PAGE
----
We’re all used to the concept of cattle, sheep, chickens and pigs being farmed in their billions – but donkeys?
True, there has always been small scale, local consumption in some countries but The Donkey Sanctuary has uncovered a worrying new trend of donkey milk, meat and hides being harvested on a much larger scale.
In Italy alone now almost 6,000 donkeys are now farmed for their milk and this is dwarfed by the numbers in China. There has also been evidence of donkey meat finding its way into the food chain, disguised as beef, even in countries like the UK.
The big change though has come in China. Donkey gelatin has been used in traditional medicine for over 2,000 years. Where once it was the preserve of Emperors, now demand is rocketing as it finds a mass market. The demand for 10 million skins a year and rising set against a recorded supply of two million skins is generating ripples across the world as a result of the deficit.
The price of a working donkey has rocketed, sometimes by a factor of 10. For example, in Egypt, the price of a donkey has gone up from £17 (LE200) to £170 (LE2000) in just a few years. This makes them all but unaffordable to millions of the world’s poorest people who rely on them for their livelihoods. Huge shortfalls in the numbers of donkeys has already led Burkino Faso and Niger to ban the export of donkey products.
Some of the world’s poorest communities will have their transport and agriculture disrupted by this trade. Without a donkey, it is the local people, particularly women and children who will end up forced to carry everything from water to goods to markets that could be many miles away.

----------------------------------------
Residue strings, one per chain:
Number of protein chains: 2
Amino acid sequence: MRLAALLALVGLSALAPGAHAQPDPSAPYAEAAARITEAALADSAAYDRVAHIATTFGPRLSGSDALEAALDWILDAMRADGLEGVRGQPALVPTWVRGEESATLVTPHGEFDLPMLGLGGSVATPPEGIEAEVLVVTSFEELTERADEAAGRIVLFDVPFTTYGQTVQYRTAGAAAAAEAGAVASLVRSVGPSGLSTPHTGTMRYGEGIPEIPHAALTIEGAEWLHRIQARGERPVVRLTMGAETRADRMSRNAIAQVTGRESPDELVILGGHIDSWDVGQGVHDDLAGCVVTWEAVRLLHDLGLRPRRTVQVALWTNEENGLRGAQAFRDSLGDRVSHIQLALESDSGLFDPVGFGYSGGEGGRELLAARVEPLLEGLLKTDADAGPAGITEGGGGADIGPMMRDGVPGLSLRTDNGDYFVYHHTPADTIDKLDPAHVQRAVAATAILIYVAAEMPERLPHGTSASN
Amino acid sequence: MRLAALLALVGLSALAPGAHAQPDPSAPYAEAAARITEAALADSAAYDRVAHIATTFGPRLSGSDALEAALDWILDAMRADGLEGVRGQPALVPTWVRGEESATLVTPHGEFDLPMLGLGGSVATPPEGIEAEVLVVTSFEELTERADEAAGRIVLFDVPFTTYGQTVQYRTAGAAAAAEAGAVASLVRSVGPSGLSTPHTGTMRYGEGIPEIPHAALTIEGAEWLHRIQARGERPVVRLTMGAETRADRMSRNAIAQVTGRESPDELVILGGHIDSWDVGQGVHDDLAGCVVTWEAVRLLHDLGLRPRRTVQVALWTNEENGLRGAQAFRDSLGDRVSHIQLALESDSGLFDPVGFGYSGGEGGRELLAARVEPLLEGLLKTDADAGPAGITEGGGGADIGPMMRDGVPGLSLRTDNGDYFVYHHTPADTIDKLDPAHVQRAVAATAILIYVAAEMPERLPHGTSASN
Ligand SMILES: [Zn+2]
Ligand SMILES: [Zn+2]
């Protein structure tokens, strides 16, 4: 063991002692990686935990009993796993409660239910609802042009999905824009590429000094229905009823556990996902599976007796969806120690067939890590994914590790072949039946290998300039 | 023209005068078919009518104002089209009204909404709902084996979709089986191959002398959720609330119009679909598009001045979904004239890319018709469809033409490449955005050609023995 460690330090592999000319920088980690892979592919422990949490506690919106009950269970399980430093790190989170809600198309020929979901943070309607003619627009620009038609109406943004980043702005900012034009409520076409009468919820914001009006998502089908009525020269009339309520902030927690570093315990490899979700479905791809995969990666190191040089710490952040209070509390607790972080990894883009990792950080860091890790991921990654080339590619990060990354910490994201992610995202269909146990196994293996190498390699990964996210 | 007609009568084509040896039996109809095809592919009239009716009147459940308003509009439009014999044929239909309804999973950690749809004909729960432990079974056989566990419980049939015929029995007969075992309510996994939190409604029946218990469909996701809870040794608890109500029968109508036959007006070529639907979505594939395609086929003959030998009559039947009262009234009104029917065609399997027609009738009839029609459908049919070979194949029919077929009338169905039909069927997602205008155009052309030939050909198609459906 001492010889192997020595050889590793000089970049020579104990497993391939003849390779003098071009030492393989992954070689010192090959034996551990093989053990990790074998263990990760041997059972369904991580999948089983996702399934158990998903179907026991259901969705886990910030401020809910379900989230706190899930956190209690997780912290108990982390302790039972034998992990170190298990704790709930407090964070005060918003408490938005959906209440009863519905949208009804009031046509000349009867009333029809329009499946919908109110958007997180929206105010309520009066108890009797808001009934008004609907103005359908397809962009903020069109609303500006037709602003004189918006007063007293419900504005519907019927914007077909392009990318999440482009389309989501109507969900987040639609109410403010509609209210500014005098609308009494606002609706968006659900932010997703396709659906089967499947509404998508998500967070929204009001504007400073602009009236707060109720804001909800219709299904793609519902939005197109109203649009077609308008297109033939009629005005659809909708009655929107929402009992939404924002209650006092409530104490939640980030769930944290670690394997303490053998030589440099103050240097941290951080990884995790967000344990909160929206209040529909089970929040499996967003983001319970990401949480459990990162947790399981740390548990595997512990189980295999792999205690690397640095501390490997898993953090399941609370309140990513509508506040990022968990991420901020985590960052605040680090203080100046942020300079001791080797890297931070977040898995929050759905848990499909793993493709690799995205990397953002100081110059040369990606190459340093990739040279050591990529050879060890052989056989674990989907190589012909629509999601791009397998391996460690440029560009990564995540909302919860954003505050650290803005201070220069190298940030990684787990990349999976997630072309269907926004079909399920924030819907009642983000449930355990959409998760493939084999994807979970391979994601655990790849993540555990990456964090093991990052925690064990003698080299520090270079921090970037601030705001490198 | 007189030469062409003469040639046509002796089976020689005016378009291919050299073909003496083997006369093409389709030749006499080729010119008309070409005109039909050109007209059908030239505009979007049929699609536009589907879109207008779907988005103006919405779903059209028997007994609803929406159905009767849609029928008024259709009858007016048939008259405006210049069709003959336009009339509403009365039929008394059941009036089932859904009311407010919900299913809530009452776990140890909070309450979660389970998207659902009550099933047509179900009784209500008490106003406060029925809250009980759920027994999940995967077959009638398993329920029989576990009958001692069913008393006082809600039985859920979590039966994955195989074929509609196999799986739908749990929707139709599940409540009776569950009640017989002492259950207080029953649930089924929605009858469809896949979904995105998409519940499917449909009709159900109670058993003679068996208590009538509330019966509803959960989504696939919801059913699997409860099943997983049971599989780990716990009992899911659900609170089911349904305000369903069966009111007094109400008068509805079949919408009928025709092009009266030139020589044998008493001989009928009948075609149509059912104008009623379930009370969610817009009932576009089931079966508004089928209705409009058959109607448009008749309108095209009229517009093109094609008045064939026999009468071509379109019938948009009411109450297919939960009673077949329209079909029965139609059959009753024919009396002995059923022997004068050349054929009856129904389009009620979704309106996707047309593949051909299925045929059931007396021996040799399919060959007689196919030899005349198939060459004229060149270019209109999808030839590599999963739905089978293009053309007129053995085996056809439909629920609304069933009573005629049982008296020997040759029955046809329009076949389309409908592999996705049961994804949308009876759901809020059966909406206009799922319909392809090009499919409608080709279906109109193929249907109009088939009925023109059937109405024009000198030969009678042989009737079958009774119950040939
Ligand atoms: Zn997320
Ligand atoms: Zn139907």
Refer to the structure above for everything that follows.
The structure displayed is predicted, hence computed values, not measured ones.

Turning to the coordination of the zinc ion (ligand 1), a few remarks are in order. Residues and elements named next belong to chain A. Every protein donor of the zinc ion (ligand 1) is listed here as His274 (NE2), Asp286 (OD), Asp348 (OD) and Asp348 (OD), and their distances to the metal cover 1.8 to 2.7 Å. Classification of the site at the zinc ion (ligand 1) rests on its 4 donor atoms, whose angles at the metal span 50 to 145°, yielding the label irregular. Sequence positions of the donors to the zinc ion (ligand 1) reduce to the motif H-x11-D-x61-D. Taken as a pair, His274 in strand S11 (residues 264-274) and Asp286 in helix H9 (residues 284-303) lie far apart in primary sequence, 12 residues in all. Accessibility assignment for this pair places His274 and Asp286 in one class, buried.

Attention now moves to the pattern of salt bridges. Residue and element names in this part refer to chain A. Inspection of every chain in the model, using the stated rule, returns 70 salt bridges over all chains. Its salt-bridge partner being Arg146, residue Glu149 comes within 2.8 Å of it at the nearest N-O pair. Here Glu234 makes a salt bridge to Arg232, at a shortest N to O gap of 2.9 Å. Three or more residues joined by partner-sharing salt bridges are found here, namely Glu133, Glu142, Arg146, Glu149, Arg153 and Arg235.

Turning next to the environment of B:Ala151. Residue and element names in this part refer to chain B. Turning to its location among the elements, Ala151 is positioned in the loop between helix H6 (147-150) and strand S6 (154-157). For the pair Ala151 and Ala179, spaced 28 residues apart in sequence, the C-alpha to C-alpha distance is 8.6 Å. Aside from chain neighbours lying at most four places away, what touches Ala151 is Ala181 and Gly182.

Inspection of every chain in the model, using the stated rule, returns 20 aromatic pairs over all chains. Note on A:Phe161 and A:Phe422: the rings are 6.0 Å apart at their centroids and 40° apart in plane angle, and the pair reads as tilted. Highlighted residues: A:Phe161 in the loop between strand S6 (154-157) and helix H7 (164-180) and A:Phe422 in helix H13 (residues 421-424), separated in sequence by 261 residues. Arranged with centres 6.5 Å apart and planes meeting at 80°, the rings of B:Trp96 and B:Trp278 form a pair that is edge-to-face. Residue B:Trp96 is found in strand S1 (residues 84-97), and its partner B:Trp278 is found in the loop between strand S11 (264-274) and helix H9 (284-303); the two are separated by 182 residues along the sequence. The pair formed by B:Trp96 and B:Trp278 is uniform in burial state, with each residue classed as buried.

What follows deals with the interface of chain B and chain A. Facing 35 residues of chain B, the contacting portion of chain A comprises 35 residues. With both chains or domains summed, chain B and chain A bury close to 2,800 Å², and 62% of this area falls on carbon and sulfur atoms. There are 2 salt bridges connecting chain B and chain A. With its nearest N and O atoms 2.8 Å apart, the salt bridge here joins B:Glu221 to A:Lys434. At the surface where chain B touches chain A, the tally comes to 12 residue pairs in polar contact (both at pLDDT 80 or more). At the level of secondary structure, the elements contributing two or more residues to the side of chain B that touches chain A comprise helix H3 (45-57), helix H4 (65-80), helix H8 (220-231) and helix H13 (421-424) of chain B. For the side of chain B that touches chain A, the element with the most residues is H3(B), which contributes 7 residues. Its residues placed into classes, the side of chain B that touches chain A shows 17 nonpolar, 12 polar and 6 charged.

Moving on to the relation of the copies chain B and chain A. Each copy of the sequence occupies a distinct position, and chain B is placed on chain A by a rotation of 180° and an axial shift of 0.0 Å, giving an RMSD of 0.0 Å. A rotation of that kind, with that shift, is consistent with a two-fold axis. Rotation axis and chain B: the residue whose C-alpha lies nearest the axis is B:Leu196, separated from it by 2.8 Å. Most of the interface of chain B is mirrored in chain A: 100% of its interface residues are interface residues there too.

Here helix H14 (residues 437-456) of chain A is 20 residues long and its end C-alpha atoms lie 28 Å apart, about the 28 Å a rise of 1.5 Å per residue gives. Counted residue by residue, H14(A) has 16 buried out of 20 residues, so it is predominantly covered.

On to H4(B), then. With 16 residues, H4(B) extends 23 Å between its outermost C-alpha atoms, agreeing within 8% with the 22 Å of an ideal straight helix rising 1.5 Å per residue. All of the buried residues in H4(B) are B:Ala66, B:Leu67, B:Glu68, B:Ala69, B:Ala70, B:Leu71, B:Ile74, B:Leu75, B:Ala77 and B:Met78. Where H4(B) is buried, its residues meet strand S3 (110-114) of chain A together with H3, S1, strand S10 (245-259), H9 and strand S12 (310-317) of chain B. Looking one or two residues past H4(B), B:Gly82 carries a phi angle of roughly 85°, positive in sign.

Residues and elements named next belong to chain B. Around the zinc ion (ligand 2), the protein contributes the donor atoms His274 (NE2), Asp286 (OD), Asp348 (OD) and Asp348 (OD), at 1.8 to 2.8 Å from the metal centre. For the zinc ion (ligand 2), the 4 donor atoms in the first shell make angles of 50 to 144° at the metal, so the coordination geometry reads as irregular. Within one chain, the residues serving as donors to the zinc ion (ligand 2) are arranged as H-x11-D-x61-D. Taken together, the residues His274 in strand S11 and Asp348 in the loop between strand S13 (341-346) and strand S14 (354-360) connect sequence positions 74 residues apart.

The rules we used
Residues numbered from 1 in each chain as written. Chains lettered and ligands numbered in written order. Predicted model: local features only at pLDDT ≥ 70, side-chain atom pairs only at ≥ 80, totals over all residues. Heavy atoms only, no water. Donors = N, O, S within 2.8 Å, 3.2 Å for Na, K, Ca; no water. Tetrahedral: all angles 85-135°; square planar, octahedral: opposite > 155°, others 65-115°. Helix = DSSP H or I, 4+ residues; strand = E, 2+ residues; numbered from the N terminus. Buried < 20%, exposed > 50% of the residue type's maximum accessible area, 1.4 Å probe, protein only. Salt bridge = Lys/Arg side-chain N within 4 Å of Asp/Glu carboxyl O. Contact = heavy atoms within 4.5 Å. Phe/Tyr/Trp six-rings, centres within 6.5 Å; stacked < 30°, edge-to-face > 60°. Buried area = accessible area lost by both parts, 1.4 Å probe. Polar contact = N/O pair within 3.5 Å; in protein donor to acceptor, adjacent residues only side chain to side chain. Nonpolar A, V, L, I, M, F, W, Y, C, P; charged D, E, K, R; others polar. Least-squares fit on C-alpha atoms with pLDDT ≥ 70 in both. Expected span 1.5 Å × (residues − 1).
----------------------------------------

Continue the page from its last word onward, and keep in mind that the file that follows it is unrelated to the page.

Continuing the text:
But if it is hard for many people, the potential suffering for donkeys is difficult to imagine. The ‘solution’ to the ‘supply problem’ being discussed regularly is to farm the animals. Small scale farming with an emphasis on welfare can be humane but the sky rocketing demand for donkeys means we are likely to be looking at farming on a large scale. Mass feed lots – factory farming for a whole new species - is an alarming prospect. Specialist slaughterhouses are already being planned and built in countries like Tanzania, Ethiopia and Kenya. It will not take long before local ‘supply’ is exhausted and they would have to start farming donkeys to meet the demand.
At a time when the suffering of animals farmed on a mass scale has never been clearer and when the unsustainability of industrialised livestock farming is helping to wreck both climate and communities, we shouldn’t be expanding the circle of species selected to suffer.
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